NASA ForceShoes: Ugly sandals measure space exercise

The International Space Station will receive some unchic sandals to gauge the force on astronauts' bodies during exercise.

ForceShoe
These ForceShoes look comfy. NASA

Exercising in space is an extremely different proposition than exercising with gravity here on Earth. Astronauts on long-term missions on the International Space Station have to make it a point to stay in shape. That's why NASA developed the Advanced Resistive Exercise Device (ARED), an exercise machine for astronauts. It uses vacuum cylinders to create resistance, acting as a substitute for the weight gravity creates.

In order to determine just how much force ARED is placing on astronauts' bodies, NASA is shooting a homely set of sandals up to the ISS. The ForceShoe isn't much to look at on top. It's a pair of Finn Comfort sandals. Under the sole is where the magic happens. Motion trackers and force sensors are built into the kicks. The shoes were designed by Xsens, a 3D motion-tracking technology company.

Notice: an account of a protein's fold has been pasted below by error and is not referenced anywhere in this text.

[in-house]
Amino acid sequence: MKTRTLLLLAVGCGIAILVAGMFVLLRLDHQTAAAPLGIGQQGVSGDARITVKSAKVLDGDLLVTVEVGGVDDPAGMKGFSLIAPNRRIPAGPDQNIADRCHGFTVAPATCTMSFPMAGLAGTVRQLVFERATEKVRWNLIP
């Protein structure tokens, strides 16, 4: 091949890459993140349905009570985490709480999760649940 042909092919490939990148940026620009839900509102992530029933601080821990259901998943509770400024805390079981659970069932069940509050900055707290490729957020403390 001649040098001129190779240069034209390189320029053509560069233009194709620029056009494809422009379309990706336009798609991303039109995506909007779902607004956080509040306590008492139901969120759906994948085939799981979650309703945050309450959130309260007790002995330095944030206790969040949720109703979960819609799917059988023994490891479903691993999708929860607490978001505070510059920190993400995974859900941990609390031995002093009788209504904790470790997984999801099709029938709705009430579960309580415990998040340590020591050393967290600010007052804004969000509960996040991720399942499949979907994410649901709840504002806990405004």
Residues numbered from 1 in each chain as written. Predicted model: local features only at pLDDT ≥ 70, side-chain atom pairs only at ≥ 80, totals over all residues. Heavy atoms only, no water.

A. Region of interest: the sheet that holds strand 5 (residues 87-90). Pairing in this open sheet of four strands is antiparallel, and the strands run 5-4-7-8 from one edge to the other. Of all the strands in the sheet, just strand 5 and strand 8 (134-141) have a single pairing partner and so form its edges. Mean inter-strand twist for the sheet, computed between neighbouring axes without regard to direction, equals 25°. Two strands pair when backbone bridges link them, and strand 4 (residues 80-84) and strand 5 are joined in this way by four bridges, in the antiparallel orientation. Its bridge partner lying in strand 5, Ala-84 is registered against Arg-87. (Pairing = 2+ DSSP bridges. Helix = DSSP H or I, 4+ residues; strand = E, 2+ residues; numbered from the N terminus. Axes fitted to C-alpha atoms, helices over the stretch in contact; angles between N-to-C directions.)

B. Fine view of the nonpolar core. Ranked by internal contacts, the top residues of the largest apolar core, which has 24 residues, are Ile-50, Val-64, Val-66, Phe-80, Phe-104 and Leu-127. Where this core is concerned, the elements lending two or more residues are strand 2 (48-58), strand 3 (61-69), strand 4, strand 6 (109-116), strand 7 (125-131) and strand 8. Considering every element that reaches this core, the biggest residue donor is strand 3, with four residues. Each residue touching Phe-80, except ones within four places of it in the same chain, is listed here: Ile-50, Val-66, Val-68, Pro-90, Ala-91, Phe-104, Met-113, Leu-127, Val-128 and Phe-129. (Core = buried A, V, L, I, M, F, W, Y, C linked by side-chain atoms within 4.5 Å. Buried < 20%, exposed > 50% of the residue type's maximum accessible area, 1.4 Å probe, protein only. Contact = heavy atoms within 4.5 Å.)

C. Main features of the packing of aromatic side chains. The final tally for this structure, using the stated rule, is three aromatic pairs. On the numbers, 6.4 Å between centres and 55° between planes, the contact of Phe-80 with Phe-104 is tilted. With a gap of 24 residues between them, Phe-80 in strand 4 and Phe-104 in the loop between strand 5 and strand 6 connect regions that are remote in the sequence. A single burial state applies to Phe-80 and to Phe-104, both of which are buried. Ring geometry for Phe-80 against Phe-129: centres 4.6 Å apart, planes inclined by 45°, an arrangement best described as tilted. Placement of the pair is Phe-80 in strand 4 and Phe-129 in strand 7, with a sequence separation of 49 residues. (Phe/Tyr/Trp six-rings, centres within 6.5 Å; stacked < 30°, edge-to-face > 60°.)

Astronauts will wear the ForceShoes while using the ARED machine. NASA explains that the shoes work a bit like an advanced bathroom scale, measuring the loads downward, side-to-side, and front-to-back. The test subjects will perform exercises that include weightlifting, squats, and bicep curls. The data will be analyzed and used to help shape exercise programs on the ISS.

"We are eager to understand how joint forces may be different between exercise performed on the ground and in space, and force-shoe technology might help us do this in future investigations," says Andrea Hanson, ISS Exercise Hardware Specialist.

Information gleaned from the shoe may also help with training astronauts to stay fit on longer journeys to asteroids or Mars, where they will need to be in top physical shape to explore potentially rough terrain.

 

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